Wednesday, 30 March 2011

Survival In The Bow Valley

Hello everyone,

I wanted to share this story with you as it is one of the best wolf encounters I've been lucky enough to have. The story took place in April last year when I was living in the Canadian Rockies. It appeared in Banff's local newspaper and was my first published article as a wildlife photographer. 

I hope you enjoy it...

The Bow Valley, one of the most beautiful places on Earth. The Canadian Rockies draw people from all corners of the planet, to enjoy the numerous activities they have to offer. Whether it’s the skiing and snowboarding in winter, or the year round beauty of the national parks, there will always be people here. But we are not alone. We share this valley with some of the worlds most amazing wildlife. While most valley residents are able to see animals like deer and elk walking around town or grazing in our gardens, only a small percentage of us are lucky enough to encounter some of the rarer animals that live in the park.
I came to Banff nearly two years ago, with the intentions of finding and photographing some of these magnificent creatures.
A few weeks ago, I was out early in the morning looking for my first bear of the season. After a few hours of driving around without any luck, I spotted a cow moose standing in the middle of the Bow River.
She was pacing back and forth in the deep water, and it was clear to me that something had spooked her. Taking a closer look, I noticed that she was badly injured. One of her back legs had skin torn from it and was bleeding profusely. There were also some smaller injuries around her chest and fore legs, consistent with an attack by wolves. I spoke with a local man who claimed he had seen several wolves in the area about 30 minutes before I arrived on the scene. A blood trail along the road, led to a small clearing about a kilometer away where the initial attack took place.

The cow moose retreats to the safety of the Bow River - Banff National Park, Alberta, Canada

Thinking that the wolves would return again, I spent the next few days watching the moose to see what might happen, staying at a distance so as not to cause her any unnecessary stress. The morning after the attack, I found her in the middle of the river again, and there were fresh tracks along the snow on the banks. The wolves had returned during the night but the deep water had once again provided some safety for the moose.
She spent the next few days lying on the bank of the river, retreating to the water whenever a coyote walked by or she felt threatened by something. Finally, five days after she was first attacked, the wolves returned. The moose was back in the river instantly while three of the wolves watched her from the bank.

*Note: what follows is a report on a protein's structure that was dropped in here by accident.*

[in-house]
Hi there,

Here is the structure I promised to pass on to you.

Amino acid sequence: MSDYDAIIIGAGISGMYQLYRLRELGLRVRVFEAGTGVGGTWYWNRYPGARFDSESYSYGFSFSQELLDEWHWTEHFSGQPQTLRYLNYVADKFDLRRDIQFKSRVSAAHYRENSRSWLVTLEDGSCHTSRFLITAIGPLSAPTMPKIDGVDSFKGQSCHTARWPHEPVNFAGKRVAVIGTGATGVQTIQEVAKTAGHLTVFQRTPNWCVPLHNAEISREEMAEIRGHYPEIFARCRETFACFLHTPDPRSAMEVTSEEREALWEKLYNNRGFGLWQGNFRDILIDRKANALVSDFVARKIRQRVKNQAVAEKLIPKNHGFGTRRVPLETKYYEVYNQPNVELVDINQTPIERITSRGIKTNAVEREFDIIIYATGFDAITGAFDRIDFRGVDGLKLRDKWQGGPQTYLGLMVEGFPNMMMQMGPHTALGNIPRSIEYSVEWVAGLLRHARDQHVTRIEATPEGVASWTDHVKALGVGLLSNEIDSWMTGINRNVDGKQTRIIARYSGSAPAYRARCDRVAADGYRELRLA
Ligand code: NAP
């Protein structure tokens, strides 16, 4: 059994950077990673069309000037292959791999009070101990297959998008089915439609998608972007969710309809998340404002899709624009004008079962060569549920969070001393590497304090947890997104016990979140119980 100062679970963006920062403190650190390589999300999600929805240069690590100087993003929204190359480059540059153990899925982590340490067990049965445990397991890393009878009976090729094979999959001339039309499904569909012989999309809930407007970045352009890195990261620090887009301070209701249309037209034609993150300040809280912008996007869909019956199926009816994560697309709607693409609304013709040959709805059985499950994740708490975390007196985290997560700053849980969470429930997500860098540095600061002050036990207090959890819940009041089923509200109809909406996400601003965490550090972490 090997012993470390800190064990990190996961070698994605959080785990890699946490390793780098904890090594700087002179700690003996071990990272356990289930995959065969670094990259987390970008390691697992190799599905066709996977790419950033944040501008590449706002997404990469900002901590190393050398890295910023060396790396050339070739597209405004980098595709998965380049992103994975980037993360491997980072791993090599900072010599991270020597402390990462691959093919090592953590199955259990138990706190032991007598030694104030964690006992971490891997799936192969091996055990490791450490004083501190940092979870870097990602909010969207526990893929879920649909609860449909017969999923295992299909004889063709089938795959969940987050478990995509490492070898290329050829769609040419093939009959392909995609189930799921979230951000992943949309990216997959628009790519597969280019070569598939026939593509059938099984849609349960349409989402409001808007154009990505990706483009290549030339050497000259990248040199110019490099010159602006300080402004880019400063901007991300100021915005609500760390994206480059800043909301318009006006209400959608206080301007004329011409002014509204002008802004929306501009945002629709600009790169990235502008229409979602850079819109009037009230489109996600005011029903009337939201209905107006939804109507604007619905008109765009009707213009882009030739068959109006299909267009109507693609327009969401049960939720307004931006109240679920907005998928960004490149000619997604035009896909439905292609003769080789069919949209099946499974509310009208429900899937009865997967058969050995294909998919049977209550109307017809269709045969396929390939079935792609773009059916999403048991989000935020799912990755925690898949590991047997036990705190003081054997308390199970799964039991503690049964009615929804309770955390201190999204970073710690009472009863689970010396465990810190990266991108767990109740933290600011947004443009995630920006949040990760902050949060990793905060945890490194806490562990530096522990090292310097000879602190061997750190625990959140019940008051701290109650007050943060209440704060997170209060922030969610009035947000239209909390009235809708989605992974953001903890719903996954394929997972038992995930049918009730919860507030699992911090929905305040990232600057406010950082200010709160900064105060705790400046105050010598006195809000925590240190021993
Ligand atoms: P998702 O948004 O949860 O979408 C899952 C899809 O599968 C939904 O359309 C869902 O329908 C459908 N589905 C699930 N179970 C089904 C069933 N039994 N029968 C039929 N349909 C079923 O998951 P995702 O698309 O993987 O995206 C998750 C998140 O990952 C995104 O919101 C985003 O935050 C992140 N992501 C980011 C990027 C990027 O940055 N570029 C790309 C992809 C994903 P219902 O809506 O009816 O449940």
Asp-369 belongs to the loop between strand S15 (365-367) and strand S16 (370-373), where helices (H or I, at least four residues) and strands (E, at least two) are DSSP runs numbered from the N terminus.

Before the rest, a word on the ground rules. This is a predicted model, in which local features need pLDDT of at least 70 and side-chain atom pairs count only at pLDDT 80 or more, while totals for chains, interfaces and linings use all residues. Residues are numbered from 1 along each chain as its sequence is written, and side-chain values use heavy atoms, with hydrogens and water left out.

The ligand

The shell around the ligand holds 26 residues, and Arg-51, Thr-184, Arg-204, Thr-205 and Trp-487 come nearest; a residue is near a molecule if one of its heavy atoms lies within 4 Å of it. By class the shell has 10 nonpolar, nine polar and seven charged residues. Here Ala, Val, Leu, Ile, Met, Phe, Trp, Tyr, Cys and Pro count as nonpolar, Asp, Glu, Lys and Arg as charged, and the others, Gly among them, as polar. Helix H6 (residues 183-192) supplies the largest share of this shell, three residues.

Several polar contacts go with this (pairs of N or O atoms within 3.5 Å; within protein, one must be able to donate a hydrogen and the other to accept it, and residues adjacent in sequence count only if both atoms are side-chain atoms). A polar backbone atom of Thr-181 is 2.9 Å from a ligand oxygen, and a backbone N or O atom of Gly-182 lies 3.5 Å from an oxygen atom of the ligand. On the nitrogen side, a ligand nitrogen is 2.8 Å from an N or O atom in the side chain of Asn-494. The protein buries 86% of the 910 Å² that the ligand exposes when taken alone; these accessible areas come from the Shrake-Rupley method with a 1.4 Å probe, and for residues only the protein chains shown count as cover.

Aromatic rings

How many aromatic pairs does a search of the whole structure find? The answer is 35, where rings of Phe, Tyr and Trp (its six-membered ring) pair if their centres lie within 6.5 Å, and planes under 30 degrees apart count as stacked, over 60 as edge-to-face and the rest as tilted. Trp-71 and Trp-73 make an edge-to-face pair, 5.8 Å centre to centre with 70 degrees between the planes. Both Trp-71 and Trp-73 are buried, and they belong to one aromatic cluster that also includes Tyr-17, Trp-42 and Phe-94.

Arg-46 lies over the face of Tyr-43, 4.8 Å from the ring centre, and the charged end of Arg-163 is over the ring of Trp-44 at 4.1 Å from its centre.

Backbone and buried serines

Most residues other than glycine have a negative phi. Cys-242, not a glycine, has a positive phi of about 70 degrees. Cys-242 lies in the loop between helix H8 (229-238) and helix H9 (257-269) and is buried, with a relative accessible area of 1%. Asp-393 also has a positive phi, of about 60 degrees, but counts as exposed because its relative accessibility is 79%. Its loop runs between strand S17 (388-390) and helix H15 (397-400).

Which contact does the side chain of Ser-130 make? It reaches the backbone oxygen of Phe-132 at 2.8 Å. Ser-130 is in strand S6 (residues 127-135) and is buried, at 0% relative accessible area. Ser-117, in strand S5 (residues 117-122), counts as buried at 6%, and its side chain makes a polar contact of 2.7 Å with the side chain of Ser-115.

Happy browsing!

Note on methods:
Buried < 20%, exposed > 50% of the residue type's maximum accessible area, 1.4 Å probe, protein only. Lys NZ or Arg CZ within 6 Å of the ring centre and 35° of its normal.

'Spirit' sniffs along the riverbank to locate the moose, Banff National Park, Alberta, Canada
'Spirit' follows the injured moose along the riverbank, Banff National Park, Alberta, Canada
'Spirit' and daughter 'Blizzard' watch the moose from the icy riverbank, Banff National Park, Alberta, Canada

The stand-off  lasted about 15 minutes until eventually the wolves vanished into the trees. When they reappeared, the moose was standing in slightly shallower water. ‘Spirit’, the alpha male of the pack, saw an opportunity to try and get the moose to run again so that the others could begin another attack. He paced along the bank a few times and then went charging into the river. 

'Spirit', the alpha-male, charges into the river after the moose, Banff National Park, Alberta, Canada

The moose ran only a few meters and then turned to face him, standing her ground. This put a stop to the charge immediately and Spirit quickly returned to the safety of the river bank. He was recently kicked by a moose during an attack and was unable to stand for two days! This lesson has clearly taught him to be more careful of these huge animals. Even when injured, they are still capable of delivering a fatal kick.

'Spirit' stares at me as he walks along the ice of the riverbank, Banff National Park, Alberta, Canada
Eventually the wolves left once more and for two more days nothing happened. After an entire week of watching and waiting, I decided to take a morning off to catch up on some sleep. That morning, a grizzly bear showed up. I watched footage of the bear chasing the moose across the river and into the trees. Even though her injuries were causing her to limp badly, when the adrenalin kicked in, she ran like the wind! She reappeared further downstream and shortly afterwards, the bear emerged looking confused and sniffing around for clues as to where she had gone. For the first time in eight days she was nowhere to be found.
I began to think that she was gone from sight for good or that she had been killed elsewhere, but to my surprise I spotted her again over a week later in exactly the same spot in the river, still limping very badly. It can sometimes take a pack of wolves several weeks to take down a moose so it looks like they might still win this ongoing battle. However, we may never know how it ends.
This is just one of many interesting tales about the daily fight for survival facing wildlife here in the Bow Valley.

I'm hoping to photograph the Bow Valley wolves again this year when I return to live in the Rockies.

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Thank you for reading!


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